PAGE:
World View: Russia's Crimea Annexation Brings Entire European Union into Question

This morning's key headlines from

  • Russia's Crimea annexation brings entire European Union into question
  • France kills 40 Islamists in Mali in recent operations
  • 59 people die of Ebola virus in Guinea

Russia's Crimea annexation brings entire European Union into question

Russia supporters celebrate in Simferopol, Crimea, on Friday (Reuters)
Russia supporters celebrate in Simferopol, Crimea, on Friday (Reuters)

Russian troops consolidated their control of Crimea by smashing their way into the remaining Ukrainian military bases in Crimea with armored vehicles, automatic fire and stun grenades and taking them over. Russian troops sang Russian songs, while Ukrainian troops changed, "Long live Ukraine!"

Although Saturday's actions were mostly bloodless, with few casualties, Western officials fear further possible Russian plans to invade eastern Ukraine, and cause an incident that triggers a real military confrontation and a wider war.

Russia's annexation of Crimea is not a trivial matter for the Europeans. There is a growing sense in Europe that the entire European Union project is in jeopardy. The European Union was formed with the specific purpose of providing a political and legal infrastructure that would prevent a repeat of the two world wars that had ravaged the continent. The Europeans have been building this infrastructure for 60 years, with courts and parliaments and treaties and constitutions and banks and even a new currency. But the ease with which Russia could annex another country's territory with impunity, or that China could do the same thing in the South China Sea, makes it clear to everyone that, in the end, that infrastructure prevents nothing. And if that infrastructure prevents nothing, then what's the purpose of the European Union, except a temporary romantic convenience? Irish Times and Telegraph (London)

France kills 40 Islamists in Mali in recent operations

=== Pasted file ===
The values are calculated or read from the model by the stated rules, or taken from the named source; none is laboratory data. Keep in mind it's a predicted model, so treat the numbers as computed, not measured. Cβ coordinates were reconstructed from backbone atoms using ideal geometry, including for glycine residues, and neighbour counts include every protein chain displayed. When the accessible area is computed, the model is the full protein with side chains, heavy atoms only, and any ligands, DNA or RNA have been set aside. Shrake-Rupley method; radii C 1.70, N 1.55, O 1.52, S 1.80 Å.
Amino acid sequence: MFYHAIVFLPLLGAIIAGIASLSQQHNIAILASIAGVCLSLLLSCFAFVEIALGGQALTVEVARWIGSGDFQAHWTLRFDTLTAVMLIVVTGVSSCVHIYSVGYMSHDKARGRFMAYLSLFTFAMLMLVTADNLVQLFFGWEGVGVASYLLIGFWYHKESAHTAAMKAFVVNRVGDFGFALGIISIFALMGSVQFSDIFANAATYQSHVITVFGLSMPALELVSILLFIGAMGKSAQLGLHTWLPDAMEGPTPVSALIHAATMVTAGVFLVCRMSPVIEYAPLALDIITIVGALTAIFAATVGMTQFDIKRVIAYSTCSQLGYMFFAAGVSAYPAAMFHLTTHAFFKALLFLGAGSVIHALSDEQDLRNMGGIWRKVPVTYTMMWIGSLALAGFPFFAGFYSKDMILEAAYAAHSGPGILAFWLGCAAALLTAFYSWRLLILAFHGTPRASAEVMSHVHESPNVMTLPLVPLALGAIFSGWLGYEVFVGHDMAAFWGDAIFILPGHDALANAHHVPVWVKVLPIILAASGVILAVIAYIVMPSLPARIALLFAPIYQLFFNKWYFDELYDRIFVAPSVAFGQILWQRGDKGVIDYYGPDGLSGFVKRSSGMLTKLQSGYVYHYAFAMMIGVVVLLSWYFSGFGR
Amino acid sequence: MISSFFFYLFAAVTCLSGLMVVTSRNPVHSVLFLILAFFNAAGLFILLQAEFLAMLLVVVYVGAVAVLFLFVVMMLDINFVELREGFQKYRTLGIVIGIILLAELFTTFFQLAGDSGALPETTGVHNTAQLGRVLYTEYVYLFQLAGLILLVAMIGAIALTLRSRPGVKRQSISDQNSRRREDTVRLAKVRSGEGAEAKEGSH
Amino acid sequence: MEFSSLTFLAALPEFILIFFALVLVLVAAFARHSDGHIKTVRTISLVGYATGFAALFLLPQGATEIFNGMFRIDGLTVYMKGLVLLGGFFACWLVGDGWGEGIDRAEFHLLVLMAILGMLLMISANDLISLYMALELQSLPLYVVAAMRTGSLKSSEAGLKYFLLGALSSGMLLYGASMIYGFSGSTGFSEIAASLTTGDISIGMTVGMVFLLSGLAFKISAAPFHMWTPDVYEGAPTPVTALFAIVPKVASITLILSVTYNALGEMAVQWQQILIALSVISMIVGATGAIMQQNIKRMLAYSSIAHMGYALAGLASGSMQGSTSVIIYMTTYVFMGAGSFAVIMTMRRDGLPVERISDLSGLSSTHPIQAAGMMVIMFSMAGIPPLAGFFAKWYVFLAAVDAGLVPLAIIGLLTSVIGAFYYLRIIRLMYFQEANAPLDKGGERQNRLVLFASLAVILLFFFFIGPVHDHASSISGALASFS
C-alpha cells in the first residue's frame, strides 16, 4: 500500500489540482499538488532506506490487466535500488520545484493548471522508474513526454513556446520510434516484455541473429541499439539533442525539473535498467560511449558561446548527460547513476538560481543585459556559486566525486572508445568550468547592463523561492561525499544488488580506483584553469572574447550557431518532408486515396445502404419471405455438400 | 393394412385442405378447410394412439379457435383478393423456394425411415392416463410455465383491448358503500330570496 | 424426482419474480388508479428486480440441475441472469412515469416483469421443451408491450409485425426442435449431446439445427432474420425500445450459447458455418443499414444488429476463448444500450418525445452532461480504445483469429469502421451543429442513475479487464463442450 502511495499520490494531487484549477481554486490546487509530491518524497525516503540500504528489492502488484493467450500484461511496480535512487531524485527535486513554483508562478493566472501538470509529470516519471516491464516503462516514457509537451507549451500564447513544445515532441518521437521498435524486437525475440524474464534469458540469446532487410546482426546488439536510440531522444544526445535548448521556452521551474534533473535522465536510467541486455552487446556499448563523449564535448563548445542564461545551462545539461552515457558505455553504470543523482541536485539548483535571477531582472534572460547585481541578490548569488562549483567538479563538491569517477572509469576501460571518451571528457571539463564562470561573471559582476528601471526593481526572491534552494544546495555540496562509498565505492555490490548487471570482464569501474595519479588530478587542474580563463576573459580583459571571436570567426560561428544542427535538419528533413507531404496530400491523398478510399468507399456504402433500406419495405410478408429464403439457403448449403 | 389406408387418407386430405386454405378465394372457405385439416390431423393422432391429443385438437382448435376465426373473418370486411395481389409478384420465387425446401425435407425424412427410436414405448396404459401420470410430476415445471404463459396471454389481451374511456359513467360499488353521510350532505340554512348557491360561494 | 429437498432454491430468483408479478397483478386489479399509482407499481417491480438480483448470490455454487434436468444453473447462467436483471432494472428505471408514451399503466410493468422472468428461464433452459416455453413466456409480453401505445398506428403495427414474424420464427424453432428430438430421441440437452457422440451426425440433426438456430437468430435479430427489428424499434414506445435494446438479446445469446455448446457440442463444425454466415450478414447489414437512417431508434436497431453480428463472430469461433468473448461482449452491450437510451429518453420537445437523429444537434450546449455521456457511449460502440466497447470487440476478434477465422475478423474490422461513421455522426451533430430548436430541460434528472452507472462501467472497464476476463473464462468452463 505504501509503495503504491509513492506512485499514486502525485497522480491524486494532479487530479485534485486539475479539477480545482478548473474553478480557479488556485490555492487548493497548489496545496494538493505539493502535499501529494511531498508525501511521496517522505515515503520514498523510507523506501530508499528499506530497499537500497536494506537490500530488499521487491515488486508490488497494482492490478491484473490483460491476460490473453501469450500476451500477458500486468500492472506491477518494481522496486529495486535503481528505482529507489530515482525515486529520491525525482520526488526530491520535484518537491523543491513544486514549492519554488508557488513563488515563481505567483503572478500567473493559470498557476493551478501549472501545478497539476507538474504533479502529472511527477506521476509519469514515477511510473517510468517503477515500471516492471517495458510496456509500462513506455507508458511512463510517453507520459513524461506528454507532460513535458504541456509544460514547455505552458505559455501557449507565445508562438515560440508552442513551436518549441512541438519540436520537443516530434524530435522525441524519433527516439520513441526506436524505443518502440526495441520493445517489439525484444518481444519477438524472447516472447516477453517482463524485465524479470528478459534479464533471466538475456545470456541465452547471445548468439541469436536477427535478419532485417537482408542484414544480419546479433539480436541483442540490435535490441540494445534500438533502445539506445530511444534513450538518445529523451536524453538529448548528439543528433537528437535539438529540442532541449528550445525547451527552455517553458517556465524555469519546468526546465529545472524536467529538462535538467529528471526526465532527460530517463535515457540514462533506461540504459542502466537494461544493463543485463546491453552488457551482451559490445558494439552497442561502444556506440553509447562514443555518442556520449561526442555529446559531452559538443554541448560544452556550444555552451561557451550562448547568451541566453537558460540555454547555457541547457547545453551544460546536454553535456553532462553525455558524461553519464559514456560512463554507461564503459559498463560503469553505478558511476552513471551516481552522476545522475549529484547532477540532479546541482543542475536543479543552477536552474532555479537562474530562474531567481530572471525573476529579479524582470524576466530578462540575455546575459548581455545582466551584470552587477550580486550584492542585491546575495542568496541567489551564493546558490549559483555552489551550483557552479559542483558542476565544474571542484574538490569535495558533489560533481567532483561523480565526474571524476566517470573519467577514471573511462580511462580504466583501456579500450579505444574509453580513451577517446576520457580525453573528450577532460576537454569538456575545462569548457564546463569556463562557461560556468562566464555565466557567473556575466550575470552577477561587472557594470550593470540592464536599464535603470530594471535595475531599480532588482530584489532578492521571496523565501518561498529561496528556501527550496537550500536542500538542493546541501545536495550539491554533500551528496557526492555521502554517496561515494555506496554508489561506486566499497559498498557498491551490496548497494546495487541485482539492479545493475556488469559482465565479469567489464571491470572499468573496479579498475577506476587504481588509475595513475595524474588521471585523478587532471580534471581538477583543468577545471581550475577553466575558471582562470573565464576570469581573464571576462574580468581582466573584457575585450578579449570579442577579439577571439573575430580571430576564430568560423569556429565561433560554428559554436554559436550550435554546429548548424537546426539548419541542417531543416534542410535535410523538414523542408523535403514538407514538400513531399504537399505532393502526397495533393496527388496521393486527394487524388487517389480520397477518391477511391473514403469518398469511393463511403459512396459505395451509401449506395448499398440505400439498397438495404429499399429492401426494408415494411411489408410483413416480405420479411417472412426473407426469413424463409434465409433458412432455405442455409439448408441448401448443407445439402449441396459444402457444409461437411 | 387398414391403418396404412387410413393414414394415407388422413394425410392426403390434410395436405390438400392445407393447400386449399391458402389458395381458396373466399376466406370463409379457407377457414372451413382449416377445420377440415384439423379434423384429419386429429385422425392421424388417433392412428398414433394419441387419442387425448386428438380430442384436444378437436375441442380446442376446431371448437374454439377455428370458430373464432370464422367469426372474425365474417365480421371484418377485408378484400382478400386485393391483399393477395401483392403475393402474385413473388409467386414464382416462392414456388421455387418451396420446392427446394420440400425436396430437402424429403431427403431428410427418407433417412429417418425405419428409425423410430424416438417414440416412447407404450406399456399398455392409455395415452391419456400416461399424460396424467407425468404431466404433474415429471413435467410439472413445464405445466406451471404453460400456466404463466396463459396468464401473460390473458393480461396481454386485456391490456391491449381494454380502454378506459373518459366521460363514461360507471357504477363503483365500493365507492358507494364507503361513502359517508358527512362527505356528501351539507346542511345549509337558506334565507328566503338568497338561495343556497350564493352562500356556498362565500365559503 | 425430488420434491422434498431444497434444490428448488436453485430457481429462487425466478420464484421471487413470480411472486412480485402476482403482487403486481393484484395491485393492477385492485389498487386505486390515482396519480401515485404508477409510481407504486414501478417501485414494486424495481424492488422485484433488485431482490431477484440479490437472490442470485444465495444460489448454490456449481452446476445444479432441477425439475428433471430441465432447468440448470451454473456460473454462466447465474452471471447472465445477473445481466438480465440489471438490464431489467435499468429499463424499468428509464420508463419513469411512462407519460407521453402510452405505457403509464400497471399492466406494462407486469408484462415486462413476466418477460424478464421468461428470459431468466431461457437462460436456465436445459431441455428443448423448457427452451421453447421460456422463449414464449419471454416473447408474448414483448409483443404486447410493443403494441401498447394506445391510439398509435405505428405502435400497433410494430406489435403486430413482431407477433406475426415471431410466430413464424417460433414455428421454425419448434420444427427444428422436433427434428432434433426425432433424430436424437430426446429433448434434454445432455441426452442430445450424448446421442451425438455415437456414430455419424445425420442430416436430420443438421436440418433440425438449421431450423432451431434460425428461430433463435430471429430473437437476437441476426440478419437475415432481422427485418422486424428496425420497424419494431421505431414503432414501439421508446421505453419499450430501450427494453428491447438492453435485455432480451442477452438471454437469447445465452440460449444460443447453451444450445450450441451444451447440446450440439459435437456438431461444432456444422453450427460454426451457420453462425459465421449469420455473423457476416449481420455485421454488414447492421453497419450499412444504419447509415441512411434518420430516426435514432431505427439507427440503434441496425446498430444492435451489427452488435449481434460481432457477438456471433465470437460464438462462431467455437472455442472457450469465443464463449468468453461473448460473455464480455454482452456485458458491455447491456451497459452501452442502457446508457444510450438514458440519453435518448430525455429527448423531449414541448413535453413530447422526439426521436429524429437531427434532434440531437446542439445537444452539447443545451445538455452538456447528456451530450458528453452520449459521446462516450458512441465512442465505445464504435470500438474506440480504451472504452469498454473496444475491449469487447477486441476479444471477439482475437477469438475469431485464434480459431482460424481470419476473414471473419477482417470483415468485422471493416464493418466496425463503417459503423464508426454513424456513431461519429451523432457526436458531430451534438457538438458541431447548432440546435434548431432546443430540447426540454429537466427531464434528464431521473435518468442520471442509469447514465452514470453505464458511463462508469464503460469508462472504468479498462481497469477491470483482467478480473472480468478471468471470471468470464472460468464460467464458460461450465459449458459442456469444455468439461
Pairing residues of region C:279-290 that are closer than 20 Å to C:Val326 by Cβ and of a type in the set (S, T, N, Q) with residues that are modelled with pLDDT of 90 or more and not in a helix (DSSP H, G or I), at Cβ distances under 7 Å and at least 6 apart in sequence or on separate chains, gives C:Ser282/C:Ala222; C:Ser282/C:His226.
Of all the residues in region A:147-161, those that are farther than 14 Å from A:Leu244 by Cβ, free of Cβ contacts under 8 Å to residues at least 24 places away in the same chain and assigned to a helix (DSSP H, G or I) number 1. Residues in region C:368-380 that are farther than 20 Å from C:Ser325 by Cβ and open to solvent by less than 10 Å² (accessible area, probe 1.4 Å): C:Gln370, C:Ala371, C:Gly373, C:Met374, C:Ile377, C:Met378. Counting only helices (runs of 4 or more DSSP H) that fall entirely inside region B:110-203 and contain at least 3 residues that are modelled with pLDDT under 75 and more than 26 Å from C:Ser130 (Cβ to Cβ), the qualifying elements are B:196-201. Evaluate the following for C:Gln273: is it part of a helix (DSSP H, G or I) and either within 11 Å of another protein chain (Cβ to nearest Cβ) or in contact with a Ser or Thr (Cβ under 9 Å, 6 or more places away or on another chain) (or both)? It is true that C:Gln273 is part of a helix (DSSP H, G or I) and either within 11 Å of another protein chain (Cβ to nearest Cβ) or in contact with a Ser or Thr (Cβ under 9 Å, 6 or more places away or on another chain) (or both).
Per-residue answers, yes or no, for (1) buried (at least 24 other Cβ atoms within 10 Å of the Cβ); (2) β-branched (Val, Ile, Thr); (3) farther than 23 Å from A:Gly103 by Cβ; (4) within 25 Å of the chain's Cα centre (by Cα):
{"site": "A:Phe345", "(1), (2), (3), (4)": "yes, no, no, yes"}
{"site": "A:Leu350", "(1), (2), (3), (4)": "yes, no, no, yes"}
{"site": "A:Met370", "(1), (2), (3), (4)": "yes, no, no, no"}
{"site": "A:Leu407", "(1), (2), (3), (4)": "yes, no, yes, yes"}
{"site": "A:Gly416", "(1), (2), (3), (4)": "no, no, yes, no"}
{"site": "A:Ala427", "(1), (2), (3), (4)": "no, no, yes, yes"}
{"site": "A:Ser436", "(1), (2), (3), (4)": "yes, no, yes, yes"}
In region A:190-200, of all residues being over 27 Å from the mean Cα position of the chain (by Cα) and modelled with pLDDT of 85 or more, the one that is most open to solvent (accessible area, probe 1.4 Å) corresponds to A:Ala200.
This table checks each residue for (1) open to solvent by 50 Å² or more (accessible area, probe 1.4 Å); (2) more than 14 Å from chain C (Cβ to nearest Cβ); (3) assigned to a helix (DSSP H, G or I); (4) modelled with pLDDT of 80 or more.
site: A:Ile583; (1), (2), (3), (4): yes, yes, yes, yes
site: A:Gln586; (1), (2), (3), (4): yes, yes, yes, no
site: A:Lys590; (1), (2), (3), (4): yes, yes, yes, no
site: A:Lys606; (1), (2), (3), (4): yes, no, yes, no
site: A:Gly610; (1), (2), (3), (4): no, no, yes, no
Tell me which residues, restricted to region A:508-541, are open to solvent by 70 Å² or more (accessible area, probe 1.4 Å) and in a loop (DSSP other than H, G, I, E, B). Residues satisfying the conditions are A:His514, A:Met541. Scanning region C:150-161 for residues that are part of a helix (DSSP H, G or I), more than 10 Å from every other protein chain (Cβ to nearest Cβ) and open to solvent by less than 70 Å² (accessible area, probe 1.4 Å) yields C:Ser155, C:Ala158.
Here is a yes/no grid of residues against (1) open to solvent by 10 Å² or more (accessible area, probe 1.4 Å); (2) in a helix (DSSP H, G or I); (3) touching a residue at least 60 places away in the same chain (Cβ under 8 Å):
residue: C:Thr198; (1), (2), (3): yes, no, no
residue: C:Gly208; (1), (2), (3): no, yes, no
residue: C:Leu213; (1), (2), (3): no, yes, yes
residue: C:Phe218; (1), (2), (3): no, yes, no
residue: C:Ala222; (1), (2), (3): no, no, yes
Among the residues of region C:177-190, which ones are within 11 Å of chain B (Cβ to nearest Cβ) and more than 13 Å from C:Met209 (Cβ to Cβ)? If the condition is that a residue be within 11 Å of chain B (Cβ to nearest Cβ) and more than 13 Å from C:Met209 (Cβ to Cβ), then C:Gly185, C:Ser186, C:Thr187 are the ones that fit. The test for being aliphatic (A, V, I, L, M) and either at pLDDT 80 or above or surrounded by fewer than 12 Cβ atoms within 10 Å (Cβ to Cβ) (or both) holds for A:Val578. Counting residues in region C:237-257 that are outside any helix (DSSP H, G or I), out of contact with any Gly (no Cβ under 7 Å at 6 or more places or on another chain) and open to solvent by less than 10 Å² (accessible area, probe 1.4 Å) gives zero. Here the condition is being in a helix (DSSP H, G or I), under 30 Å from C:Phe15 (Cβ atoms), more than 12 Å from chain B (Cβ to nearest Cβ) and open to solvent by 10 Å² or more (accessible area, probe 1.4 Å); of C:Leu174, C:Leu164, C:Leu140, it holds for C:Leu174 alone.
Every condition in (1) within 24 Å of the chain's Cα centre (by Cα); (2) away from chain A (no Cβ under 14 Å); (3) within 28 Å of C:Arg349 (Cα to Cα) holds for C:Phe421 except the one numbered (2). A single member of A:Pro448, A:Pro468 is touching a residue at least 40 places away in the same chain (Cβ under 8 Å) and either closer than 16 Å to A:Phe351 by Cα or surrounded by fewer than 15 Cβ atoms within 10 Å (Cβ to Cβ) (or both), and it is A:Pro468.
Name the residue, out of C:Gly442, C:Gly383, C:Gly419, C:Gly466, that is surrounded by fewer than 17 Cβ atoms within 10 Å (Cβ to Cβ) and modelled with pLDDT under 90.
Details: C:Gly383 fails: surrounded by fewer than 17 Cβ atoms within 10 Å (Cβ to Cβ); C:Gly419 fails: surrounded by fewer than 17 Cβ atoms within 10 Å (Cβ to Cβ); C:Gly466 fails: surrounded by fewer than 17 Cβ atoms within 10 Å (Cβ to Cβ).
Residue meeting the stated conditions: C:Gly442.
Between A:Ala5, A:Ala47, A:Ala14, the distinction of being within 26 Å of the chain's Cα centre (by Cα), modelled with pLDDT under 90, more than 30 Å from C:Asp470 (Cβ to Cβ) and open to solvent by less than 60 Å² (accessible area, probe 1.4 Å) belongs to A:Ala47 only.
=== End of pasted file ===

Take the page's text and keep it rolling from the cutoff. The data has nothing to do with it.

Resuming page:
France's defense minister Jean-Yves Le Drian said on Thursday that operations by French soldiers in Mali have killed about 40 Islamist militants in the last few weeks, including a senior commander.

When France's president François Hollande announced in January of last year that he was sending French peacekeeping troops into Mali to prevent a takeover of the entire country by al-Qaeda linked Islamists, he expected to withdraw them by March -- of last year. Then the withdrawal date was postponed to August, then to December, and then to March of this year.

According to Le Drian, the fight against militants in Mali "is far from finished." The military action in Mali has already gone on far longer than anyone expected, and has been far more expensive, and apparently there's no end in sight. Expatica France and Al Jazeera

59 people die of Ebola virus in Guinea

Experts in the west African nation Guinea had been unable to identify the disease that's killed 59 people in the last six weeks, but on Saturday it was finally identified as the Ebola virus by scientists studying samples in Lyon, France. The disease kills 25-90% of those who fall sick. It's extremely contagious, but is transmitted by direct contact with blood, feces or sweat, or by sexual contact or unprotected handling of contaminated corpses. Ebola is not transmitted through the air, so it's unlikely to cause a widespread pandemic if the public takes reasonable precautions. According to French officials, anyone who has to travel to southern Guinea should "strictly respect the hygiene rules, not consume the meat of animals killed by hunting and stay away from areas of high density of population like markets and football grounds." AFP and Reuters

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